New D.C. Bag Fee Is Probably Better Than Ours
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New D.C. Bag Fee Is Probably Better Than Ours

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Illustration by Kyra Kendall/Torontoist.


Technically, in 2002, Ireland did it before us―but, on this continent anyway, Toronto was the first to institute a fee on plastic shopping bags. Washington D.C. recently became the first U.S. jurisdiction to follow our example, when its bag fee legislation came into force last Friday, January 1. Though outwardly similar to Toronto’s, the D.C. version of the fee is ultimately more muscular.


D.C.’s fee is five cents per bag, so it has that much in common with Toronto’s. The differences between the two laws have to do with whose pockets all those nickels are being funnelled into. Toronto’s bag-fee proceeds are kept by retailers. If the city were to collect them, the fee could be considered a tax, which, because of the intricacies of provincial law, would be illegal. (Under the City of Toronto Act, the city can only levy new taxes on alcohol, tobacco, and admission to “places of amusement,” like movie theatres.)
Washington D.C. has no such restrictions to contend with. Here’s what they’re doing with their bag-fee nickels:

  • Retail stores keep one cent of each bag-fee nickel for themselves.
  • If a store decides to give customers a five-cent credit for every reusable bag they provide at checkout, it can keep two cents of every nickel, instead of the standard one cent. All money taken in by stores under the bag-fee law is considered tax-exempt. (Toronto’s bylaw is mute on tax implications of the bag fee for retailers, if any exist.)
  • Whatever is left of the bag-fee money after retail stores have taken their cut goes to the Washington D.C. city government as tax, and it is put in a special fund earmarked specifically for cleaning up the city’s waterways, particularly the Anacostia River, which flows through the city centre.

Toronto retailers have been encouraged, by the city, to donate the proceeds from the bag fee to environmental causes, but setting up a city-run fund to collect that money is a legal impossibility. Toronto’s bag fee, is, by all indications, reducing plastic bag use, as it was intended to do, but there’s no way for it to double as a steady revenue stream for green initiatives, as the D.C. bag fee hopefully will.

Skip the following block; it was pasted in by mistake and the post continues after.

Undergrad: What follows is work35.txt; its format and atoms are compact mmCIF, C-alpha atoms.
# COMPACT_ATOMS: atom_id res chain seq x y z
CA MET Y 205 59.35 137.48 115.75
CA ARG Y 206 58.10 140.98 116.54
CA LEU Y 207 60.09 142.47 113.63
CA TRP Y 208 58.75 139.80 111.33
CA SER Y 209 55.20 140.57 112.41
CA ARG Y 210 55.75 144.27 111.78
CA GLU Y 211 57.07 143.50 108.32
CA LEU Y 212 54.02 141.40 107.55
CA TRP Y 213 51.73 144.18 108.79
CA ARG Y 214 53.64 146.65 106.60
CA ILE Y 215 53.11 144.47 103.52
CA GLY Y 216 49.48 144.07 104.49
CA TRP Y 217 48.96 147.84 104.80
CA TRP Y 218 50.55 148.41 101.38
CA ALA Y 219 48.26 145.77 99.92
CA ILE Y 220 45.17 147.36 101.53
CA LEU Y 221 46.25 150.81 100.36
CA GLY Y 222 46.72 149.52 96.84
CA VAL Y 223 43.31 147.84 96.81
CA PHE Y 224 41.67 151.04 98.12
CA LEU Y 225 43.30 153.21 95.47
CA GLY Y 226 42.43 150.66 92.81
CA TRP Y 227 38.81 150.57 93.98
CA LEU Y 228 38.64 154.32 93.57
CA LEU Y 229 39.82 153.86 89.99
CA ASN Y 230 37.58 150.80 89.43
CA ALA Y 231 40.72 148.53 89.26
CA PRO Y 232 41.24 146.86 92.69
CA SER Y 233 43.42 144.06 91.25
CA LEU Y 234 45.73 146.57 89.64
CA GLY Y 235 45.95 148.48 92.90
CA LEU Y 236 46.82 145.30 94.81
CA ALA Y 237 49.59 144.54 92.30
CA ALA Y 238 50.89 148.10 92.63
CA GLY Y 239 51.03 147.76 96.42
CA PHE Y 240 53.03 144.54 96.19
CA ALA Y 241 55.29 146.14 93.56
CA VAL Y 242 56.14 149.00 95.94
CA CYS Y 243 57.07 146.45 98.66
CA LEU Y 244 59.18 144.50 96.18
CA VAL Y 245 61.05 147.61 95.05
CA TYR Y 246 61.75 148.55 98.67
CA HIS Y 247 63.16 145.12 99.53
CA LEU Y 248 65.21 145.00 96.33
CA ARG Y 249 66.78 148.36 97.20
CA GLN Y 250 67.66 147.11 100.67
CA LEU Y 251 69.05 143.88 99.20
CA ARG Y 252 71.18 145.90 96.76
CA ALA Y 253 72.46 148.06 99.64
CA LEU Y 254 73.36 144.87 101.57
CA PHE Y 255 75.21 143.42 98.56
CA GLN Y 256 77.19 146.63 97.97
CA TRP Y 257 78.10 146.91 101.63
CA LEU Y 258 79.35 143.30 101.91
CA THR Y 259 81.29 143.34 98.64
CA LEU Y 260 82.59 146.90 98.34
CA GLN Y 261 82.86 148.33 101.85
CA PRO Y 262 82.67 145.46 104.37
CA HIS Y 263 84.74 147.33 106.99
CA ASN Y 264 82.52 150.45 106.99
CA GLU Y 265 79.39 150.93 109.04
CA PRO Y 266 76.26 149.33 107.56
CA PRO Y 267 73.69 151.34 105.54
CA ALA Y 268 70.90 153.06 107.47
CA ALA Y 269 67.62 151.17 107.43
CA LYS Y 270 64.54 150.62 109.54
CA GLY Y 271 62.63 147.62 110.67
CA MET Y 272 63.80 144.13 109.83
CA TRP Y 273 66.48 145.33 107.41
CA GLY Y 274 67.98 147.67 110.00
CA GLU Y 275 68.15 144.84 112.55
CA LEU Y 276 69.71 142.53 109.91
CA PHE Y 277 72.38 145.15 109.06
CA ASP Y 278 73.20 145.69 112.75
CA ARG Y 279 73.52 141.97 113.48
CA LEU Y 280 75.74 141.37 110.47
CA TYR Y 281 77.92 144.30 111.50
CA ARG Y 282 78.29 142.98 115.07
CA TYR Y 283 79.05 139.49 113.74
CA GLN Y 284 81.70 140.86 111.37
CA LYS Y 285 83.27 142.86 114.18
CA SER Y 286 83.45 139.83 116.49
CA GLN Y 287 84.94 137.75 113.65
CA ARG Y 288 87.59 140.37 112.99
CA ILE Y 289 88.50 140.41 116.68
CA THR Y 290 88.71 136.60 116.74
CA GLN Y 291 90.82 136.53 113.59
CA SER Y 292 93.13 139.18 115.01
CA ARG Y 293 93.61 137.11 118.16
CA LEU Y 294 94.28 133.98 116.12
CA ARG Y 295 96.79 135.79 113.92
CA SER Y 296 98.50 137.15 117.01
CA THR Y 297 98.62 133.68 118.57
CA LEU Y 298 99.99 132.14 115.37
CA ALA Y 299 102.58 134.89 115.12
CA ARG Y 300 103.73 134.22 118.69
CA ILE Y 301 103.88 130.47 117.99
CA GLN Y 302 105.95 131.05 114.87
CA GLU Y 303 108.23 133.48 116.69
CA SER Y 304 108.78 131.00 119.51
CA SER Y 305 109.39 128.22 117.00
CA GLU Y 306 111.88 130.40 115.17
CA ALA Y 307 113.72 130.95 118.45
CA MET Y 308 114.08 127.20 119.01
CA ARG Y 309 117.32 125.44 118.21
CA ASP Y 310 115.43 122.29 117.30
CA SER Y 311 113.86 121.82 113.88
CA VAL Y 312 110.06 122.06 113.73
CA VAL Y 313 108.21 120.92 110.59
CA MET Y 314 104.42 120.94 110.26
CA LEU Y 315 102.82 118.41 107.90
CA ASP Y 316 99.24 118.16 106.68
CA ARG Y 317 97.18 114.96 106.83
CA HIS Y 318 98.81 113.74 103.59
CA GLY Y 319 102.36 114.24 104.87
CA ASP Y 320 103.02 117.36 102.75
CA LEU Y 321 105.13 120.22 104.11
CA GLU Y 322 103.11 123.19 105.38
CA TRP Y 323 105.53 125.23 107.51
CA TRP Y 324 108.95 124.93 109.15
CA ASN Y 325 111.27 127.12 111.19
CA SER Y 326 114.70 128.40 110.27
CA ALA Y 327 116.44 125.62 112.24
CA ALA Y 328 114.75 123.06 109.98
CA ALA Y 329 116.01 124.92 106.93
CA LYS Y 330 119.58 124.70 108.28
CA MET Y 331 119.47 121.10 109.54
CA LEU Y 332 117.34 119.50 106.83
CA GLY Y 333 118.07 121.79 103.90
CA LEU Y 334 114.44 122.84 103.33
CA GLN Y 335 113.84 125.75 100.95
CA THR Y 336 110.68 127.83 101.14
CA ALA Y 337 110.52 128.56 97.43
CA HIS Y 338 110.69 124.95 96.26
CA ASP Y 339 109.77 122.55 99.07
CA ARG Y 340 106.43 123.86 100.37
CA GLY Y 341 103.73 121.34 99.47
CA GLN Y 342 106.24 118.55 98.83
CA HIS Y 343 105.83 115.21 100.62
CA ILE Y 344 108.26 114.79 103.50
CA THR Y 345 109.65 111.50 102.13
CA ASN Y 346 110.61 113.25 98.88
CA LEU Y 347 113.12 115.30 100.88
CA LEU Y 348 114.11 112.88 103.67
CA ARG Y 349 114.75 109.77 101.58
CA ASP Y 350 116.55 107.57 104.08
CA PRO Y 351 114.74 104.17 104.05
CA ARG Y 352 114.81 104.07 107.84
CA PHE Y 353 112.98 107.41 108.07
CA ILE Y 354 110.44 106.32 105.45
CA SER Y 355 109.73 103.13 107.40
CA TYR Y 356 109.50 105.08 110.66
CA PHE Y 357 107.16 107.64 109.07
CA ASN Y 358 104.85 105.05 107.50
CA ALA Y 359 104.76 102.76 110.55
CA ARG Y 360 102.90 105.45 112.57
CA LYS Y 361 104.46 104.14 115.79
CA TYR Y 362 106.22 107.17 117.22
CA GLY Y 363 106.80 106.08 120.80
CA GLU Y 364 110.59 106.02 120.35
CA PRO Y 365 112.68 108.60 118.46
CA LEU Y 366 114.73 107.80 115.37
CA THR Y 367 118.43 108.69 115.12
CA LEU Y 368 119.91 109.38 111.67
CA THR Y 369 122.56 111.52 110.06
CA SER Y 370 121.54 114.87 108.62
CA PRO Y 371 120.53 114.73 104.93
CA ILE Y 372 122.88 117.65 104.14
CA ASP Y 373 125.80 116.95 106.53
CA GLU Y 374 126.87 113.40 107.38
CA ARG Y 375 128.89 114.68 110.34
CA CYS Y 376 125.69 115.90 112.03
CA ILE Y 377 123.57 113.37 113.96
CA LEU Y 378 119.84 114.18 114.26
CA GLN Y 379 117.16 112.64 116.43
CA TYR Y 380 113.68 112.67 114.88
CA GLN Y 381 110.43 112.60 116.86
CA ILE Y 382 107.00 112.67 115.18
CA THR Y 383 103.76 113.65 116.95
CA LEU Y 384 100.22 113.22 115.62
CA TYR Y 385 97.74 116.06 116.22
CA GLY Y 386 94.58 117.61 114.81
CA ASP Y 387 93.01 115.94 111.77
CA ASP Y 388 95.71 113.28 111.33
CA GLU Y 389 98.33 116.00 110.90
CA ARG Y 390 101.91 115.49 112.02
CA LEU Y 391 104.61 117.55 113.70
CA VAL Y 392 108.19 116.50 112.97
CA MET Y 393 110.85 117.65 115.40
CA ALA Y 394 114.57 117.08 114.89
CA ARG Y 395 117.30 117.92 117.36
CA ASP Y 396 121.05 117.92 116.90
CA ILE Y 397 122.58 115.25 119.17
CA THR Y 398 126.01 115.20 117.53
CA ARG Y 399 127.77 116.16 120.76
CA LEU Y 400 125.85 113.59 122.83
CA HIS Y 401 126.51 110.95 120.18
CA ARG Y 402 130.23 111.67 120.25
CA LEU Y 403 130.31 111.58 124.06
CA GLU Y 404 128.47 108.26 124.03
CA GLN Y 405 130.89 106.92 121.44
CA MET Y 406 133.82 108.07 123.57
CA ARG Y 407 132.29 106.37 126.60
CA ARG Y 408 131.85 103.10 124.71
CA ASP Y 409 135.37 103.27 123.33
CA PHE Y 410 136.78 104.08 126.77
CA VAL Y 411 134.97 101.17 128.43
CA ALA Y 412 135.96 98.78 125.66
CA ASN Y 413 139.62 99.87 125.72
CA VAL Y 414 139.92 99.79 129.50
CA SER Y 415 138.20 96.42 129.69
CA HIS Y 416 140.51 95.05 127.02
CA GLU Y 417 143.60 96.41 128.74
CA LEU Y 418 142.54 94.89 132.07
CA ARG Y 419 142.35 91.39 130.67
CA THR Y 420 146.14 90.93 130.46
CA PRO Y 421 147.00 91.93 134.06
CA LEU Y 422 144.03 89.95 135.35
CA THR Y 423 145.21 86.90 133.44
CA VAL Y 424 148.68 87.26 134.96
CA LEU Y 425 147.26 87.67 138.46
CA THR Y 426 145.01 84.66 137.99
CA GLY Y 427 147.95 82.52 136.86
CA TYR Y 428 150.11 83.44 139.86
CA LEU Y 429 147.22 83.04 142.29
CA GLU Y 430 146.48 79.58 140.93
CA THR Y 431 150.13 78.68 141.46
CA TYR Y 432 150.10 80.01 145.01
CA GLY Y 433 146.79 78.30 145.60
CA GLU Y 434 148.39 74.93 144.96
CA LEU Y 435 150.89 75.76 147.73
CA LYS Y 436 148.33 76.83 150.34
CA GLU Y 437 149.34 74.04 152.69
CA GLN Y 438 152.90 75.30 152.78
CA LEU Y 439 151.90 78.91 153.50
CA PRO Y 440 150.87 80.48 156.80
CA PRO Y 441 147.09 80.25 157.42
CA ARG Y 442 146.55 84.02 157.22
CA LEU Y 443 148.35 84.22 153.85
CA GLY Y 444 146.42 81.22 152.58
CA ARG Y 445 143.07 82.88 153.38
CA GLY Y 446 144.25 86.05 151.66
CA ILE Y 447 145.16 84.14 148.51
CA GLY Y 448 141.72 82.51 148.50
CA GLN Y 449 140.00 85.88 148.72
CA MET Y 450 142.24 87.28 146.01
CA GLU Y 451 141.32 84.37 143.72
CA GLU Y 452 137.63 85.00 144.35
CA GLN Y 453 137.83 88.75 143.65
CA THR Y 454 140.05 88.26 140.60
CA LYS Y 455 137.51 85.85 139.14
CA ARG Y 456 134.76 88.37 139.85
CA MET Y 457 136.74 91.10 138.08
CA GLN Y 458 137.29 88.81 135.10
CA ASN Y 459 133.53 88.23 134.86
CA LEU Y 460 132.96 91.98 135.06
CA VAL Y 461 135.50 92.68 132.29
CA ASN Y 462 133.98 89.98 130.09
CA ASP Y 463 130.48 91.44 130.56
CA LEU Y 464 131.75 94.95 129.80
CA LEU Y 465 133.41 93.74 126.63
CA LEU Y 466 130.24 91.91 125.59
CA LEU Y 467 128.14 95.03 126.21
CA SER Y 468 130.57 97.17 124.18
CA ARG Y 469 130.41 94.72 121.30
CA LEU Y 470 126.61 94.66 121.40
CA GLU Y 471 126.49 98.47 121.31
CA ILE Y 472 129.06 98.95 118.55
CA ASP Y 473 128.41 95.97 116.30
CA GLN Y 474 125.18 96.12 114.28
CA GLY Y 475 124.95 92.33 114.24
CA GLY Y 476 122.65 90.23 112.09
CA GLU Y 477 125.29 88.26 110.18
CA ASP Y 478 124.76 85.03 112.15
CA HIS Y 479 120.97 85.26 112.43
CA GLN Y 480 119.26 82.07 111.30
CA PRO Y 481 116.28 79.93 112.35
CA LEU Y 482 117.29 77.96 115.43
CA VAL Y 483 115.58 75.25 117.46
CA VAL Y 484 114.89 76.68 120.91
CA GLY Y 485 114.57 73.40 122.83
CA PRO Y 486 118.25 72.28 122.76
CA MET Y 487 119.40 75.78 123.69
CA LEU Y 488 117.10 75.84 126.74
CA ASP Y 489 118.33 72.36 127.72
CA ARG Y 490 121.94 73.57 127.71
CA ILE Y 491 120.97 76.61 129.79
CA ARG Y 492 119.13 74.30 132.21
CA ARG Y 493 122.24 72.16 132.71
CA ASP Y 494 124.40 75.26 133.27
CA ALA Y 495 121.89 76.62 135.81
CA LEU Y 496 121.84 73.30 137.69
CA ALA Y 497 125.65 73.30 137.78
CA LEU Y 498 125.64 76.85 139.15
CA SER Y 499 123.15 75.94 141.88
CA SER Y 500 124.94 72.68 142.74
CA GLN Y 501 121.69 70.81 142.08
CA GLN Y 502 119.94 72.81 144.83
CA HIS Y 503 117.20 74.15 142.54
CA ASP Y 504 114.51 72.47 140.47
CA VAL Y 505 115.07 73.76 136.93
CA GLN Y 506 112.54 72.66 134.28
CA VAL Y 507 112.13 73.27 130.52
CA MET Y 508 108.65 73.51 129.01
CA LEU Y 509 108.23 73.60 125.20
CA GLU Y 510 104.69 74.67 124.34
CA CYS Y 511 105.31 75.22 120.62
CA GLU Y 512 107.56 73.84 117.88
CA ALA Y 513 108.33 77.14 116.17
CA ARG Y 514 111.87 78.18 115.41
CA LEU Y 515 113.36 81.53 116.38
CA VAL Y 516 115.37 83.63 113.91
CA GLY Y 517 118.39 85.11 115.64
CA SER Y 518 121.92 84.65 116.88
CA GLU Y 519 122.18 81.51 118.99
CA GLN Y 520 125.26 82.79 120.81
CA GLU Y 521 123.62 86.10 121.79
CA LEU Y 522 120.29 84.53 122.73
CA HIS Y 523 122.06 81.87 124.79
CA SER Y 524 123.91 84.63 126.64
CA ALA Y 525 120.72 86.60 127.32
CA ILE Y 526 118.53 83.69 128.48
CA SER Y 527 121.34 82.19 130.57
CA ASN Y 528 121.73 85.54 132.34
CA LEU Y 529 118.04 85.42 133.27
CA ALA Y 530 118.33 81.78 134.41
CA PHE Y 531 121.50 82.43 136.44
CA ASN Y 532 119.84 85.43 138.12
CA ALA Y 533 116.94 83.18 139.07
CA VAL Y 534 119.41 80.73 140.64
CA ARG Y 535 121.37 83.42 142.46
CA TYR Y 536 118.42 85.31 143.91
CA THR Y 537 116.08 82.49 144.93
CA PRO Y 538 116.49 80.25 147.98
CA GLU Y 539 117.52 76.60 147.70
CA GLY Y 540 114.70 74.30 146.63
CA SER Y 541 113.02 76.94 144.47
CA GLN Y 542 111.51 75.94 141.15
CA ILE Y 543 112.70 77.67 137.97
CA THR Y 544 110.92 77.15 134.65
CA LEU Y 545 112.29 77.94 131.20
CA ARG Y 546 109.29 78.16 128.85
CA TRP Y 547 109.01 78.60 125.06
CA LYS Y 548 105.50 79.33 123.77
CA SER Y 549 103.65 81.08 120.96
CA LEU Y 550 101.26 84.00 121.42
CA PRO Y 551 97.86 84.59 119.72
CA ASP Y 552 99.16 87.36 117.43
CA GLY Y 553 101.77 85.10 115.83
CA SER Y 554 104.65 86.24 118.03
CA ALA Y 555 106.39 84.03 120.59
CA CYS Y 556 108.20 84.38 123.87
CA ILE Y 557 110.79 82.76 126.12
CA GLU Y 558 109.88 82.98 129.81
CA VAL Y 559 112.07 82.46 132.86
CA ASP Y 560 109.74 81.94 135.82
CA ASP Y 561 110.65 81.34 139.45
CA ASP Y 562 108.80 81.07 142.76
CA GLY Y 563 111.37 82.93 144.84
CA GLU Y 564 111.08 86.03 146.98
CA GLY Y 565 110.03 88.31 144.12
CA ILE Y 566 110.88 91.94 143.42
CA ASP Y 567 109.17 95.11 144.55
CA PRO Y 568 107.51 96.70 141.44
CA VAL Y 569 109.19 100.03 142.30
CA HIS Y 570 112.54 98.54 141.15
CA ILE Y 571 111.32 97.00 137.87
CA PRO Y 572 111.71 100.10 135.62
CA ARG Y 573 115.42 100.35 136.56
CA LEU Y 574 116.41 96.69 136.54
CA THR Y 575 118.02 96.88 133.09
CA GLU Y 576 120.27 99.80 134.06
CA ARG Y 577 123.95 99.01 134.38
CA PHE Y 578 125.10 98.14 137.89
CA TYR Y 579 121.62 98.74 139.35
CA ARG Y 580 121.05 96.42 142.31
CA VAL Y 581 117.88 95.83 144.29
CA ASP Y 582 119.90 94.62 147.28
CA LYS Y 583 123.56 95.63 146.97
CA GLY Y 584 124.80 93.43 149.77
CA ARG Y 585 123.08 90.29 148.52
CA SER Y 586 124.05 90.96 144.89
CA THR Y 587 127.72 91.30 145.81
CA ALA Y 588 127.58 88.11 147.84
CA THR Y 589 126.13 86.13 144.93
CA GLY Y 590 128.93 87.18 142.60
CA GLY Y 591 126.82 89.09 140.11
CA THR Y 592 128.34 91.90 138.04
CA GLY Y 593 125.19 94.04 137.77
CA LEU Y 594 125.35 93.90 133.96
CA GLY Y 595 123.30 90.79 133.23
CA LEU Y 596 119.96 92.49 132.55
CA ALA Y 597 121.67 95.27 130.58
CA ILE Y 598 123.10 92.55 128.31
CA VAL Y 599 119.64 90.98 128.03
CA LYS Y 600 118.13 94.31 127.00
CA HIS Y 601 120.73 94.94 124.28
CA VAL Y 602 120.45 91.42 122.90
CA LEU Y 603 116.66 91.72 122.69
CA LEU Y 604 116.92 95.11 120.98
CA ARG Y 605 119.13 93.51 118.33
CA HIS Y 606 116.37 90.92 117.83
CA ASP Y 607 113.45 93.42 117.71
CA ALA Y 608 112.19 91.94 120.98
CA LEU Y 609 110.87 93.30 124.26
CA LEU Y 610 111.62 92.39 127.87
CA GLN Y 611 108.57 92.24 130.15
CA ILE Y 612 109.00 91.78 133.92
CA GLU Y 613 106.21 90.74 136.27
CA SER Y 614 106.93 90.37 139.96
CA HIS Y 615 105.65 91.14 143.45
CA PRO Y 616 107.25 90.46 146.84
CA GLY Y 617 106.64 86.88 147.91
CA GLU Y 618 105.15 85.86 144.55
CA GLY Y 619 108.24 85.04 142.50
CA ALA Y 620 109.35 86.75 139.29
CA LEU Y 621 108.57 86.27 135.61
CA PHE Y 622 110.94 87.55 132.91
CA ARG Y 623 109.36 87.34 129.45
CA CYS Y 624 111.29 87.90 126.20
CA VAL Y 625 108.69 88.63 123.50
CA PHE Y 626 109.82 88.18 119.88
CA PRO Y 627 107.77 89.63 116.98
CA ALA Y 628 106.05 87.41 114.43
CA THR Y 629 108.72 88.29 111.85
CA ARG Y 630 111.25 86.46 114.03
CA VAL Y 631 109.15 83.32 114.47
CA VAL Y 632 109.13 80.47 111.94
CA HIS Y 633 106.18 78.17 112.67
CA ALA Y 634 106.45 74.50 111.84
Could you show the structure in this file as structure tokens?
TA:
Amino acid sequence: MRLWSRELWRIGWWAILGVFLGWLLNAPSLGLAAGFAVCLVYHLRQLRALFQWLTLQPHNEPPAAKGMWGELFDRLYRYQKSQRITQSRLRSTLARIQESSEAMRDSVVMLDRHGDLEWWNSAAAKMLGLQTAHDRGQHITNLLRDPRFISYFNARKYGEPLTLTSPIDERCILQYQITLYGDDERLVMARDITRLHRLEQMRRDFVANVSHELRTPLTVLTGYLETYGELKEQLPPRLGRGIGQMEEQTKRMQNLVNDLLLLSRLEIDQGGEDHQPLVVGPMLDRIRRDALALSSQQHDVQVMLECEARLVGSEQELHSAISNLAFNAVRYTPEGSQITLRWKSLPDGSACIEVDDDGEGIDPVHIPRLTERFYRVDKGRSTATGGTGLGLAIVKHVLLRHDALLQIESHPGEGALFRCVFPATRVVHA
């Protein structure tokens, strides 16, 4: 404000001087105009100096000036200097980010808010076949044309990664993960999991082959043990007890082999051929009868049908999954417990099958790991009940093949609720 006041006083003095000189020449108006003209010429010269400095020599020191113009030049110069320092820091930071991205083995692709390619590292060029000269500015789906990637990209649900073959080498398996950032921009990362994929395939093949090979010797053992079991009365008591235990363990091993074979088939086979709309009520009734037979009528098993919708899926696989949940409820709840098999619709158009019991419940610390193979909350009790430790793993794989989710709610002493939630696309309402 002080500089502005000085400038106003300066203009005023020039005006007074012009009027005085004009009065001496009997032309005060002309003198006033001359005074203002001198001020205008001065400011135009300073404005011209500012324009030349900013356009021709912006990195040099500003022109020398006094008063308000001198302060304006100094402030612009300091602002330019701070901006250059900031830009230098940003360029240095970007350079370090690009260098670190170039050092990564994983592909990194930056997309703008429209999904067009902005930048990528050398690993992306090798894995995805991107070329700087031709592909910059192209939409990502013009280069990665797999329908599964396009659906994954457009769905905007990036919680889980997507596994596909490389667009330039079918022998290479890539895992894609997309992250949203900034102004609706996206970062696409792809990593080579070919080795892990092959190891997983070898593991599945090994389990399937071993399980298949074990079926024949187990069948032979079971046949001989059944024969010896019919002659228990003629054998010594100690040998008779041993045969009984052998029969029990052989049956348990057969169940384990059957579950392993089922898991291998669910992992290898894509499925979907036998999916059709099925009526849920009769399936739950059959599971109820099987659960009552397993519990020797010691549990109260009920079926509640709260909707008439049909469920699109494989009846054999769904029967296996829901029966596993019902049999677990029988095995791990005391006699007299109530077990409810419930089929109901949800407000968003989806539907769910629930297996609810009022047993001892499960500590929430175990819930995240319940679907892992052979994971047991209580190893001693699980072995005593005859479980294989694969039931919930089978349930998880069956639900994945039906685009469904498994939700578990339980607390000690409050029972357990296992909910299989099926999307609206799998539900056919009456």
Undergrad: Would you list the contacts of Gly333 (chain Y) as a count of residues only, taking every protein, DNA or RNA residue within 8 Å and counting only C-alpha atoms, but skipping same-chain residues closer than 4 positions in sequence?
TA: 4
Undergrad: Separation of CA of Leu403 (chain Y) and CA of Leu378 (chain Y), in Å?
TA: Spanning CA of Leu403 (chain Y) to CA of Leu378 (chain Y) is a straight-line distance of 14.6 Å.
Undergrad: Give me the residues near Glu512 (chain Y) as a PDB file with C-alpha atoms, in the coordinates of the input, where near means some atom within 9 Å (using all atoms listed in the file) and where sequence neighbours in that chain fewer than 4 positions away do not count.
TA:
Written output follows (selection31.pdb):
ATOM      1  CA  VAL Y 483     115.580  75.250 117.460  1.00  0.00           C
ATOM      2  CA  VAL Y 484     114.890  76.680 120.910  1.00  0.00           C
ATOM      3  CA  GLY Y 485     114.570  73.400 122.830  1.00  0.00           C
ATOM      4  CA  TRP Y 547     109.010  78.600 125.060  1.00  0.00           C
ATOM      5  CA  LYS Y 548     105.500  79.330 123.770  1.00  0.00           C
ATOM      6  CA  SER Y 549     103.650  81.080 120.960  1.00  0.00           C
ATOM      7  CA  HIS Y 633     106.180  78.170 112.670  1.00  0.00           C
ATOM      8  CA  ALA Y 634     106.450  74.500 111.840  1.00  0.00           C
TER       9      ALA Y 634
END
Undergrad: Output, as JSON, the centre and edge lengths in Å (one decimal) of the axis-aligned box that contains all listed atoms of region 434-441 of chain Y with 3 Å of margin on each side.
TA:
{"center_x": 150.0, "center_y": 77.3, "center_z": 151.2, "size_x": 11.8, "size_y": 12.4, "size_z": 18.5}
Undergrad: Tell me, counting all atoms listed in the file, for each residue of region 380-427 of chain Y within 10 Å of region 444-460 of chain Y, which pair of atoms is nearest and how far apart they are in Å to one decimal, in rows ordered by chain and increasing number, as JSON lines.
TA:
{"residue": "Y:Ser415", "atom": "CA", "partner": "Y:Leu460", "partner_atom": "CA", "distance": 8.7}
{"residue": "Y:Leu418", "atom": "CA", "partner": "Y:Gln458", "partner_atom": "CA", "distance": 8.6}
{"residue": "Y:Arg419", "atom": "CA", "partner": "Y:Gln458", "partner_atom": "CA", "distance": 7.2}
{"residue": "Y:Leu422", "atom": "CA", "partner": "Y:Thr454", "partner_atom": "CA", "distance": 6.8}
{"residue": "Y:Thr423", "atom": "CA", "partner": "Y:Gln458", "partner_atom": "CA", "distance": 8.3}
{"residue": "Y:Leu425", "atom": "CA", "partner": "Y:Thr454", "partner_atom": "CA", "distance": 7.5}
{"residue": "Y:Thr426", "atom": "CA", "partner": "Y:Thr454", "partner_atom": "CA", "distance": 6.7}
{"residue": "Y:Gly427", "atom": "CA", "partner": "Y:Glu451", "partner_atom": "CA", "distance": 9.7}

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Image from a window poster designed by the city for D.C. retailers, courtesy of Green D.C.


Naturally, D.C.’s bag-fee fund will only be as good as the politicians in charge of it. “It’s also important to keep in mind that the bureaucrats who are going to siphon ever more money out of the D.C. economy aren’t exactly stewards of fiscal responsibility,” writes an op-ed contributor in the conservative Washington Examiner. “The new tax gives them a new slush fund.” Opinions might differ on the question of whether or not Toronto’s politicians could be trusted with such a windfall. Supposing they could, it would definitely be preferable to the current setup.
Aside from Washington D.C., other U.S. municipal and state governments have drafted (but not adopted) bag-fee legislation. Almost all of these laws are written to earmark the proceeds from the proposed fee for use in the service of some kind of environmental cause.
The State of Connecticut’s bag-fee act—which died in committee during their last legislative session amid intense lobbying from members of the plastics industry but might be back up for debate sometime this year—would have kept all the proceeds from the proposed fee in a “recycling initiative account” to be managed by the state’s Department of Environmental Protection.
Seattle’s proposed bag fee ordinance, which was killed in a public referendum last year, would have charged shoppers twenty cents per bag. Stores with annual sales of less than a million dollars would have kept the entirety of the fee, while stores with more than a million dollars in sales would have paid fifteen cents per bag to the city, as a “green fee,” while keeping the remaining five cents. The city’s cut of the fee would have funded waste prevention and recycling programs.
Philadelphia rejected a twenty-five cent bag fee last May, the proceeds from which would have been shared between retail stores and the city. New York City backed away from tentative plans to enact a five-cent fee last June.
Several U.S. states, including Maryland, Texas, Massachusetts, and Connecticut, have proposed―but not, so far, instituted―bag fees. In each case, the law that would authorize the fee requires at least some of the proceeds to be paid to the appropriate government body as tax.
The bag-fee concept is clearly becoming popular, and it’s a point of pride for Toronto to have been on the leading edge. This is an exceptional city, but it would be nice if our bag-fee legislation could be just a little less exceptional in the way it handles its spoils―without breaking the law.

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